I am such a book feign. seriously 1000+ ( I know it has to be more close to 2000 by now) and I can’t say NO when I see a decent one at the thrift shop, or even more so for review! One of these days i’m gonna have to either have a massive cleanout, our start my own library. Seriously I have so many books I can’t keep them at my & david’s. No, 95% are at mom’s!
I have books on everything under the sun, from childrens books (for that child that i want to have one day!) to books I read as a teenager,etc.
The most recent book that i had the chance to review is The Disappearing Spoon by Sam Kean. It took me a little while to exactly decide if it was my cup of tea to review. I’m more into romances, and teenagey books like Pretty Little Liars and things of that nature.
This book is more of an informational book, which is something I hardly ever go for, because i’m just one of those people who felt like i got enough of that when i was in school (high school and all ..ahum 7 years of college lol)
I however do like history, so I kind of make that my exception.(and english lol) This book was like chemistry with a combination of history dashed into it, so therefore, I found it easy to read.
I never did well with chemistry. There were too many formulas and too much math involved and when I got to the withdrawal date I bailed. You would have too, if you made a 31 on your midterm!(In my defense we had a few snow days and many of us thought that she said that if we ended up with the snow days it would be postponed)
Maybe if I’d have had this book, it would have made me more interested in the long run. One of the things that I really liked from the begining was the idea that the periodic table,when you strip all the #’s and text of of it, that it looks in a sorta kind of way like a castle that hasn’t been finished being built.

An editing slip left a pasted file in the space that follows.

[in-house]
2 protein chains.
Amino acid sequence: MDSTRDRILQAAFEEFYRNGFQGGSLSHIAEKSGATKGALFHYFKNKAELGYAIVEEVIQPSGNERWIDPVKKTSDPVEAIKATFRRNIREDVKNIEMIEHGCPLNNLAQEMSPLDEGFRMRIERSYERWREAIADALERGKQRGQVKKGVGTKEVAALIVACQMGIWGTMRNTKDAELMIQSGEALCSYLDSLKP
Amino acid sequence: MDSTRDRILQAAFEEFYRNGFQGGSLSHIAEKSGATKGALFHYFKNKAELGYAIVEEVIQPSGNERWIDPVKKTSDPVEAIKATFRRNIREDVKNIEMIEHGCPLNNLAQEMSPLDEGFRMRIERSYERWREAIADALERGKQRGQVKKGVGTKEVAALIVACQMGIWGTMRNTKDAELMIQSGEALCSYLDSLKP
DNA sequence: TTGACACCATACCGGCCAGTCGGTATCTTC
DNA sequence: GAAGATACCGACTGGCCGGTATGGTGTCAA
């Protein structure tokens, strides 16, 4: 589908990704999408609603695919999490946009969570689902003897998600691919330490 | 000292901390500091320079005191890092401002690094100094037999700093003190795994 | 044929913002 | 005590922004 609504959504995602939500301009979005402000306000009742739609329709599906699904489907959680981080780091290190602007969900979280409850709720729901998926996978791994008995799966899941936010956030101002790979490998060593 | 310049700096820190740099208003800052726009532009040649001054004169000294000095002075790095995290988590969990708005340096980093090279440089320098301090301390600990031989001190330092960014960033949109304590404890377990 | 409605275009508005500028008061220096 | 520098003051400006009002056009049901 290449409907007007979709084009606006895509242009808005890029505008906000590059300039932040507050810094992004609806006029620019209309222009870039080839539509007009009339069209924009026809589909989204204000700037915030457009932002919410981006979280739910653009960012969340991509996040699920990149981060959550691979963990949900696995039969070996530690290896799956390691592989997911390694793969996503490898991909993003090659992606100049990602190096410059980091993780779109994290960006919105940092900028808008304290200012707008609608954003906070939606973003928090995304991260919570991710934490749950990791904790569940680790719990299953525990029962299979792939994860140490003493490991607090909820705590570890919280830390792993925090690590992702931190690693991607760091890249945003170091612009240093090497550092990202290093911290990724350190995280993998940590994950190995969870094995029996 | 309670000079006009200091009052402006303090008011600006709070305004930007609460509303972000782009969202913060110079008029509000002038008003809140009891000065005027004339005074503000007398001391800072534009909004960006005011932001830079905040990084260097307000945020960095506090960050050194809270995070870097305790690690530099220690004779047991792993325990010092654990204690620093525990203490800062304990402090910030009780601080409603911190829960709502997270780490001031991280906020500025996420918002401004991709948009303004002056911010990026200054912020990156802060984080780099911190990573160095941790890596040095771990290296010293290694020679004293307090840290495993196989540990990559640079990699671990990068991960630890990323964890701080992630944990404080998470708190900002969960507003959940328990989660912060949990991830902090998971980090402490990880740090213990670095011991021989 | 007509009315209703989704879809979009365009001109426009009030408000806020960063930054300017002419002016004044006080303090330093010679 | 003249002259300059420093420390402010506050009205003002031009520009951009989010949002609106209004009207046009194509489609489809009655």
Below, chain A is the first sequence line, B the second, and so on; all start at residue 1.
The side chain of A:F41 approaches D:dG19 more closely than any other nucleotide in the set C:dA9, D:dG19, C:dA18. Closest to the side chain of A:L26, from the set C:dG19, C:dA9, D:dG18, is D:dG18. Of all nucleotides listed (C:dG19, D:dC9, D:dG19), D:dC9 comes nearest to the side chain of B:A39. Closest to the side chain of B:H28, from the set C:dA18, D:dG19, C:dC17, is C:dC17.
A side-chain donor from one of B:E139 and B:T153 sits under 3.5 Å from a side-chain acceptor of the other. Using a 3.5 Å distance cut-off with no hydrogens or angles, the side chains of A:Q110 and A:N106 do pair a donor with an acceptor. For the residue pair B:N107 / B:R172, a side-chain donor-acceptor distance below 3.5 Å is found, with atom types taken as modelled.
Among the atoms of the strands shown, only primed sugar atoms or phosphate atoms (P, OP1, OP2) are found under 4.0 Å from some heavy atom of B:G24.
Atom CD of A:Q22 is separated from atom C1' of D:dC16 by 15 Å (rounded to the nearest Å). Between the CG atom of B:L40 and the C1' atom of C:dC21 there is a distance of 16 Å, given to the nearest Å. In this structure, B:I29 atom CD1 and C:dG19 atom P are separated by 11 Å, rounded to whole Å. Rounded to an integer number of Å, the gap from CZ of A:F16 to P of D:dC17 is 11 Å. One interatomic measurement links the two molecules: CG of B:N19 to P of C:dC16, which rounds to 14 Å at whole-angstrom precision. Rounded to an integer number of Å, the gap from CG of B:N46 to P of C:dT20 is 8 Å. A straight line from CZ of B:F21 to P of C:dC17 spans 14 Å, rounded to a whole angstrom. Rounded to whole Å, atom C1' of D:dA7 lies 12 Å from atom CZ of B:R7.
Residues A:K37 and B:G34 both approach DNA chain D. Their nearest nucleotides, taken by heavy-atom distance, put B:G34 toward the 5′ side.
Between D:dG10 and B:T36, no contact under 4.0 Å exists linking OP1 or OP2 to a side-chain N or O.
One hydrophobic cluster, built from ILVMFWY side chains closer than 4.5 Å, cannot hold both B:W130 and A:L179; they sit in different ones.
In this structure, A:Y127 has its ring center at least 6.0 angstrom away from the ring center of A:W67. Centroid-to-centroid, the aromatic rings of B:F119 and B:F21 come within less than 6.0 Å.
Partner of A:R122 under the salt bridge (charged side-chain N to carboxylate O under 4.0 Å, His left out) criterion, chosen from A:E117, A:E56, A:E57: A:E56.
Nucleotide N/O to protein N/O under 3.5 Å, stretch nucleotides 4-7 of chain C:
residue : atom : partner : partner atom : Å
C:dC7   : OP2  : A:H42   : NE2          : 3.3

If you like chemistry or even just history and want to learn more about that crazy chart that you have probably saw a million times in your life, this would be the book to go to. It reads easy for an infomational book, and your sure to find some interesting tidbits!
For a better description I will leave you with the publishers summary and a link to the publishers page about the book 🙂
The Periodic Table is one of man’s crowning scientific achievements. But it’s also a treasure trove of stories of passion, adventure, betrayal, and obsession. The infectious tales and astounding details in THE DISAPPEARING SPOON follow carbon, neon, silicon, and gold as they play out their parts in human history, finance, mythology, war, the arts, poison, and the lives of the (frequently) mad scientists who discovered them.
We learn that Marie Curie used to provoke jealousy in colleagues’ wives when she’d invite them into closets to see her glow-in-the-dark experiments. And that Lewis and Clark swallowed mercury capsules across the country and their campsites are still detectable by the poison in the ground. Why did Gandhi hate iodine? Why did the Japanese kill Godzilla with missiles made of cadmium? And why did tellurium lead to the most bizarre gold rush in history?From the Big Bang to the end of time, it’s all in THE DISAPPEARING SPOON.